Q: You said you followed what has happened with baseball in Washington. When you were with the Orioles, what were the discussions about baseball in the District?
A: When Edward Bennett Williams bought the team, it came close to moving [closer to Washington]. There was the assumption that Baltimore had not supported the team very well. The implication when Ed bought it, it would move to Washington, D.C. But as a result of Ed buying it, the support grew dramatically in Baltimore, and it became a different fan base than it had before. Ed said he would keep it in Baltimore as long as it was supported there. He was well off enough to own a baseball team, but not so well off enough to subsidize a baseball team. There was an assumption that maybe there would be a ballpark halfway between Baltimore and Washington.

I believed sooner or later this market would become big enough to support two teams, but it wasn’t quite there in the 1970s and 1980s. We made it Washington’s team, Maryland’s team, as well as Baltimore’s team, a Mid-Atlantic team, until Washington got a team of its own.

One of the best decisions Ed Williams ever made was not to build a ballpark in the suburbs, halfway between Baltimore and Washington. I urged him not to build a ballpark in the suburbs, but to build it someplace more accessible to both markets but still an urban ballpark.

Q: That ballpark was Camden Yards — which former commissioner Bud Selig has called one of the most important decisions in the modern history of the game. Did you think your vision would have the impact it did?
A: I’m very proud of Camden Yards. It has been replicated all over the country. I knew we had a good idea for a great traditional, old-fashioned ballpark with modern amenities. I didn’t know it would become so popular and grow to 23 other major-league cities and many more at the minor-league level, trying to create a well-placed urban ballpark with old-fashioned baseball characteristics and traditions. We certainly changed the paradigm — the combination of a football-baseball stadium.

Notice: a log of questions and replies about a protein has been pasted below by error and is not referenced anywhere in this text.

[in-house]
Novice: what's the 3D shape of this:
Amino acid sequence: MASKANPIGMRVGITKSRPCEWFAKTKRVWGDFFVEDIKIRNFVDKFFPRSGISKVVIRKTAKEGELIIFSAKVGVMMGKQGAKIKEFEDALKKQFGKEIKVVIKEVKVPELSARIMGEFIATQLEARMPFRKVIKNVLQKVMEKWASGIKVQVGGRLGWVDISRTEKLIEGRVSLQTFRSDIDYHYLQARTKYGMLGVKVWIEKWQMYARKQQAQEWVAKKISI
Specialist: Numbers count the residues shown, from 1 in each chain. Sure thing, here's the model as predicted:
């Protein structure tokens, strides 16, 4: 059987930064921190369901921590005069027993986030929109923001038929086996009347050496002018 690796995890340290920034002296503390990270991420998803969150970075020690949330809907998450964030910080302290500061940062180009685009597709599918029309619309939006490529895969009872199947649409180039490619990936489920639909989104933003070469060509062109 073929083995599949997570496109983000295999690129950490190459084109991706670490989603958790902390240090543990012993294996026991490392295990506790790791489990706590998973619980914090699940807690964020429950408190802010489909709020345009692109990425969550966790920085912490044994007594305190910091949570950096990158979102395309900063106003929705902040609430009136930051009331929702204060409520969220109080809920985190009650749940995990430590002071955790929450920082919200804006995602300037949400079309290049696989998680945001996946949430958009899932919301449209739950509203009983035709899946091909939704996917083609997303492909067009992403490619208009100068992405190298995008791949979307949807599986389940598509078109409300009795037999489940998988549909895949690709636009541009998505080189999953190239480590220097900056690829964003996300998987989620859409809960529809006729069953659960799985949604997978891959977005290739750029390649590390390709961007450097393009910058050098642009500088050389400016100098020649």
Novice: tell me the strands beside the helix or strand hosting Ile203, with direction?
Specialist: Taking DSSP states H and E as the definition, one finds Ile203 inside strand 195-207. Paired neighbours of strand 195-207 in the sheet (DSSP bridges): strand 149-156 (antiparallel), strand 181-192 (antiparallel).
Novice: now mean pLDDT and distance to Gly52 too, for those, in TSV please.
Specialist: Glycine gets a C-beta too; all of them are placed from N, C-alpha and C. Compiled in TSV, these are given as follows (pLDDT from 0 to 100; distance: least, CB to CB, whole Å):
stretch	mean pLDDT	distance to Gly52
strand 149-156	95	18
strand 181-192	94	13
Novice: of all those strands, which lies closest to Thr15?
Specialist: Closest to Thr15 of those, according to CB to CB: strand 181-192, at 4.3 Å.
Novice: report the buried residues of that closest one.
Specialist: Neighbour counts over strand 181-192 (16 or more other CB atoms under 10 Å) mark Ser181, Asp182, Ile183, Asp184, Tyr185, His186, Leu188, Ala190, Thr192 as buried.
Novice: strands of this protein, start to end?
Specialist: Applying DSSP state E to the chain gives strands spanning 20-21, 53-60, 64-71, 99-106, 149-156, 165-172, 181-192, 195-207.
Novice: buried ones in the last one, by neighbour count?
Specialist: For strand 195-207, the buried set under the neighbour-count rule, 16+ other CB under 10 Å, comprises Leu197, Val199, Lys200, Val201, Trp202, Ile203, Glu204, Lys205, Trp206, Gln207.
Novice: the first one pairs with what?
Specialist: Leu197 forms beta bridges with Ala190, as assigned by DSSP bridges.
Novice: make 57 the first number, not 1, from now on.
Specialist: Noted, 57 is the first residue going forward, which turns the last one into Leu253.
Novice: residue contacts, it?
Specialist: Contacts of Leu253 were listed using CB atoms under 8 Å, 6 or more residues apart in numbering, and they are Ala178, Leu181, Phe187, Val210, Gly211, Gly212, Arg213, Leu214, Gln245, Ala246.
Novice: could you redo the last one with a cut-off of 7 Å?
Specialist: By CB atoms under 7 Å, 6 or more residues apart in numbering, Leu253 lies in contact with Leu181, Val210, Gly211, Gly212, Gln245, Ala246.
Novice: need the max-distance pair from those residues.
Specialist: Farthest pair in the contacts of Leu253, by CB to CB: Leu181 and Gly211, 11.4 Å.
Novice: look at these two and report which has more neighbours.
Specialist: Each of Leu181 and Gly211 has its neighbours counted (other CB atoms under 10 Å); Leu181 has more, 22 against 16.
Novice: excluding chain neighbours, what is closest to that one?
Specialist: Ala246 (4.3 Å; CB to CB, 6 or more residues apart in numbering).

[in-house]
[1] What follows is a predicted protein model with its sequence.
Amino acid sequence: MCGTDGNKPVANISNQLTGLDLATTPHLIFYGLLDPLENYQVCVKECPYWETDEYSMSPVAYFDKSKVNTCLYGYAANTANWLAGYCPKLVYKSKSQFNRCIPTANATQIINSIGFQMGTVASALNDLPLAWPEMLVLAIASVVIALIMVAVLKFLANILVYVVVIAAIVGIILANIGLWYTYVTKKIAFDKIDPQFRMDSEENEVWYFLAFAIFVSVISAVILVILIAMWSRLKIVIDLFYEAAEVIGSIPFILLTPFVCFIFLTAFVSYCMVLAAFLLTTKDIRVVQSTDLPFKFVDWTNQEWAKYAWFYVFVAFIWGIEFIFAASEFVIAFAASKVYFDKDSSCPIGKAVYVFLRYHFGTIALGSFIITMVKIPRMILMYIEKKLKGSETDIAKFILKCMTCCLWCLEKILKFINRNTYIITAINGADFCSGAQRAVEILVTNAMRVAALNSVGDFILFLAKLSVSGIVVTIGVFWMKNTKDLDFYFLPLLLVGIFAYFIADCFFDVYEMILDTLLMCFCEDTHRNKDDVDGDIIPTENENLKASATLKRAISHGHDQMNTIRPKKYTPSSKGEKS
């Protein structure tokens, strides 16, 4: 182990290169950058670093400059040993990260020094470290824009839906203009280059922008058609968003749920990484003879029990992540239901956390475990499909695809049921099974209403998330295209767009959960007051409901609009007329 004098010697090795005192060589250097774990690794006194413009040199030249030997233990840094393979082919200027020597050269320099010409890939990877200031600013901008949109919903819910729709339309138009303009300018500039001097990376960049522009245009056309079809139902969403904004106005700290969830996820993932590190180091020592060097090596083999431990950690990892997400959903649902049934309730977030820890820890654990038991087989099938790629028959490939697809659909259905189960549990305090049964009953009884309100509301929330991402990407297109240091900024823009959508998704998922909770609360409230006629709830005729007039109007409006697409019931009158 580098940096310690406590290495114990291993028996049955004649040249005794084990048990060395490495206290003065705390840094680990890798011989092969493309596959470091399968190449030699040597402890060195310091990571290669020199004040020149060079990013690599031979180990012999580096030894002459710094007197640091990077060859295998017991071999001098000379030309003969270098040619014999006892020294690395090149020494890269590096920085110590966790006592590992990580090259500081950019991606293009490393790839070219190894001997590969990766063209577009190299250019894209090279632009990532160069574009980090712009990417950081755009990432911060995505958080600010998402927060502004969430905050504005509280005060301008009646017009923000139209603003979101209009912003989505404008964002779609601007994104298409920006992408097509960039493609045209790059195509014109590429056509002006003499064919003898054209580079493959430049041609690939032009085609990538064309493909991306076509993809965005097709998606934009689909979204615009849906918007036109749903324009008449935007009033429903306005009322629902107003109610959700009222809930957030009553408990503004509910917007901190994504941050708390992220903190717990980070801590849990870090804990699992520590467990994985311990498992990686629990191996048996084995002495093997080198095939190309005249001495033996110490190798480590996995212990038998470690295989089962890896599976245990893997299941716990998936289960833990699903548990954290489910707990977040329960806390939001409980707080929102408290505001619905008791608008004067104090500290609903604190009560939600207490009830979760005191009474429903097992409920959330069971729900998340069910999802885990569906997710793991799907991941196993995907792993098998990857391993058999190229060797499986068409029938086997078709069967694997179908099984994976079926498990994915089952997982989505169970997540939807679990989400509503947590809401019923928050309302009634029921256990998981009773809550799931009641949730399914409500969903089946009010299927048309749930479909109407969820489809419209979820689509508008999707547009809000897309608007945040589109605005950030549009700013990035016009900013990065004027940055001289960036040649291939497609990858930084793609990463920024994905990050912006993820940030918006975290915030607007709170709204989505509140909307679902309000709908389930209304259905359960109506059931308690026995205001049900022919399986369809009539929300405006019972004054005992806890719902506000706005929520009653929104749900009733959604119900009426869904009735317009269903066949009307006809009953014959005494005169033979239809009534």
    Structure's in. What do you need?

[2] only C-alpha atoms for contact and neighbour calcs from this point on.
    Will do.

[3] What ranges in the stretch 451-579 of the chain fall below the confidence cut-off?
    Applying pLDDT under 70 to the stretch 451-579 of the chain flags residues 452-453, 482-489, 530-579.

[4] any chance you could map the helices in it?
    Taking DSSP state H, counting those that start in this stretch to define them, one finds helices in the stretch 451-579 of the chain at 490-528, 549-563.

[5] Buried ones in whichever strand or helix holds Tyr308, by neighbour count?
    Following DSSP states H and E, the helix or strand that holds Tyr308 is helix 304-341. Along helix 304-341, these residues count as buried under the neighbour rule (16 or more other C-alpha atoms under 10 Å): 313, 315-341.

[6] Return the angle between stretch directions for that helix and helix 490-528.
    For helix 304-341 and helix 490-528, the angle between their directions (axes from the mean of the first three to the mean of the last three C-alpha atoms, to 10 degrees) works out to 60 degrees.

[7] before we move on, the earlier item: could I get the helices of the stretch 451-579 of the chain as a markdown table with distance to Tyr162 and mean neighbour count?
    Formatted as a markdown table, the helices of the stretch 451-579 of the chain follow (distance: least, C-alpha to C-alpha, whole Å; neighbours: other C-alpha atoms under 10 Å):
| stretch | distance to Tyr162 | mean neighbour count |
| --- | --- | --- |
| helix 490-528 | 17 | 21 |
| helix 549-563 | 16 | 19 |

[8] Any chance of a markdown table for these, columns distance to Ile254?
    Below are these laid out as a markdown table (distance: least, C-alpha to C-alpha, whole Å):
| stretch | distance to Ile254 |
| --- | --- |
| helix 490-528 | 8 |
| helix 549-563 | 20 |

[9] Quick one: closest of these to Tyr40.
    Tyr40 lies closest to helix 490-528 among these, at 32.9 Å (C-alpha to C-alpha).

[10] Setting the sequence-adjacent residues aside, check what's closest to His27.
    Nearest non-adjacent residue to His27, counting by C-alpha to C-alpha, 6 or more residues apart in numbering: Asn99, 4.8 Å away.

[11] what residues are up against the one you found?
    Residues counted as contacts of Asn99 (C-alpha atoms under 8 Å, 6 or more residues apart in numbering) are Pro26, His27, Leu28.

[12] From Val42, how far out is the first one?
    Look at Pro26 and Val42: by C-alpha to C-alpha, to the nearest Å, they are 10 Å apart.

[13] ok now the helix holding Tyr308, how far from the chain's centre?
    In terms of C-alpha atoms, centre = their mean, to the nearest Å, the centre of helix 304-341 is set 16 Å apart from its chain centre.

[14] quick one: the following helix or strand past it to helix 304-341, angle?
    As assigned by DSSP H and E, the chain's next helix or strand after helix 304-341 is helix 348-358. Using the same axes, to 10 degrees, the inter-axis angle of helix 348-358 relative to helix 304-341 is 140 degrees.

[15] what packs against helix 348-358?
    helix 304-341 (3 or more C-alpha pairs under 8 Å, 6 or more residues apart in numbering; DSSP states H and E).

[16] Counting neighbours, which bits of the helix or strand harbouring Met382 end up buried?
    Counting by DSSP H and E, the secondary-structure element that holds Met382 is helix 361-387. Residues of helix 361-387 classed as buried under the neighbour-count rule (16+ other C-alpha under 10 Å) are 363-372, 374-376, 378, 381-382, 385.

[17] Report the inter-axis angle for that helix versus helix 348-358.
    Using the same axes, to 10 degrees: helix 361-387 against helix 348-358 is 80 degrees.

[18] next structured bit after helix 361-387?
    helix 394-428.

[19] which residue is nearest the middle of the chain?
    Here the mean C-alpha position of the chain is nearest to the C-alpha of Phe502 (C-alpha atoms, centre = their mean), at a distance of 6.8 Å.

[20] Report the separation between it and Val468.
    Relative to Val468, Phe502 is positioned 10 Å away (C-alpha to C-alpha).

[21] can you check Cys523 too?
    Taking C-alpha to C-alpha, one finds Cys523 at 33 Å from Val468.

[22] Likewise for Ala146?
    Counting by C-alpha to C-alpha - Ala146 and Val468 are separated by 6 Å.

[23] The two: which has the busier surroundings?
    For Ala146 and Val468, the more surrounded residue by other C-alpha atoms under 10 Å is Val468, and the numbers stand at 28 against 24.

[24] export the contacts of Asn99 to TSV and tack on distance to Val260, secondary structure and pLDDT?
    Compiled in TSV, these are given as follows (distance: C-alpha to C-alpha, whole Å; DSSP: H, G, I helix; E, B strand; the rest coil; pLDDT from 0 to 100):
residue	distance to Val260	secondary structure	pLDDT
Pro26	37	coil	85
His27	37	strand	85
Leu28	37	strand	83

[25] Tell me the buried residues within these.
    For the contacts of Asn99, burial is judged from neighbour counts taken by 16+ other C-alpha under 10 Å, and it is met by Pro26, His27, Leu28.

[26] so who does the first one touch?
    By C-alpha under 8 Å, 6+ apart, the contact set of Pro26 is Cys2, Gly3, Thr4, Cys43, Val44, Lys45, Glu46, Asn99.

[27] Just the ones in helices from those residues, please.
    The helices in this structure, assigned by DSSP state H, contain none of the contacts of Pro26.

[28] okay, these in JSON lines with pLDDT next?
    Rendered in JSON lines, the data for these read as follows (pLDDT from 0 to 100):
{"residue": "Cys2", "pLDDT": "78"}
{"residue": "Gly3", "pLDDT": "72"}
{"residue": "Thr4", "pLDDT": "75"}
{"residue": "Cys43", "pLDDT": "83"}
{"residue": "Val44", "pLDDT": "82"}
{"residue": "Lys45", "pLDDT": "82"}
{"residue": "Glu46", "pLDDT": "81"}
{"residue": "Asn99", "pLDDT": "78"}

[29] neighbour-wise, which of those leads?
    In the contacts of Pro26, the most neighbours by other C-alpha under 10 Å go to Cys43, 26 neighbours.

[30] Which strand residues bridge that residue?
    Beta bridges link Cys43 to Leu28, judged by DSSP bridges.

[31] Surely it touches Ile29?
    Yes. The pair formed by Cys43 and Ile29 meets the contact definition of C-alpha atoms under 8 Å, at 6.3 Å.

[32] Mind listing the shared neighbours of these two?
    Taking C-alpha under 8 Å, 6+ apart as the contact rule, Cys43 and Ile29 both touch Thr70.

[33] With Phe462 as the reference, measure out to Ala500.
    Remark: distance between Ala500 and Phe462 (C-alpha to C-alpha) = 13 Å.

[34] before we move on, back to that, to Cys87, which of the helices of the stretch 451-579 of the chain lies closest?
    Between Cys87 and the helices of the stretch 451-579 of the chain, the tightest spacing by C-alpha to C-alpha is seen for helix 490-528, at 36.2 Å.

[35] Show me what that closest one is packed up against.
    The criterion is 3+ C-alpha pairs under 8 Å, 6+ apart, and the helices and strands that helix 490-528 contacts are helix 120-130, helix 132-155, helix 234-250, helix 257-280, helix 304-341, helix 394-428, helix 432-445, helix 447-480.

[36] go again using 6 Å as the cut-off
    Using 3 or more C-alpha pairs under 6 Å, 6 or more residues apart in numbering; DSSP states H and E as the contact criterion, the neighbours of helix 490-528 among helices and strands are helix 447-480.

I said to Ed Williams in the early 1980s, “We should push for a baseball-only facility.” All the talk to that point had been a multi-purpose facility. I argued that if you look at the best franchises in baseball, they played in baseball-only facilities — the Yankees at Yankee Stadium, the Red Sox at Fenway Park, the [Los Angeles] Dodgers at Dodger Stadium. Why wouldn’t we strive for that? Then there was the factor of the Colts leaving town in 1983. Why would we make compromises for a football team that wasn’t even there? I remember his line to this day, “If you think that is such a good idea, why don’t you go public with that idea, but do me a favor — don’t mention my name, because you’re going to be crucified. You don’t want to build one ballpark. You want a ballpark and a stadium side by side.” He was pleasantly surprised at how well-received it was.

Q: You got your start with Williams in sports with the Redskins as secretary and vice president in the mid-1970s. Any Redskins memories, in particular?
A: My whole career is directly attributable to Edward Bennett Williams and the faith he had in me and the opportunities he created for me. The Redskins dominated this town then. I learned a lot in those days with the Redskins. I remember debates with [general manager] Bobby Beathard about the importance of chemistry versus biology. I was a big biology guy, he was a big chemistry guy, the chemistry of the locker room. I would say, ‘Bobby, don’t tell me what a good guy he is. Tell me how fast he is, how much does he weigh?’ I subsequently learned a lesson from him that chemistry does indeed matter — particularly in baseball, which goes for seven months and you play it every day with your teammates.

George Allen was leaving just as I was coming into the Redskins. We did have to depose him once. He had very little tolerance for the distraction of a deposition in the middle of a football season. We asked him for his name and address. He said, ‘George Allen, Washington Redskins.’ At one point, he said, ‘If I have to sit here all day answering questions, we’re never going to beat Dallas.’ I saw his passion up close.

⦁ Thom Loverro is co-host of “The Sports Fix,” noon to 2 p.m. daily on ESPN 980 and espn980.com.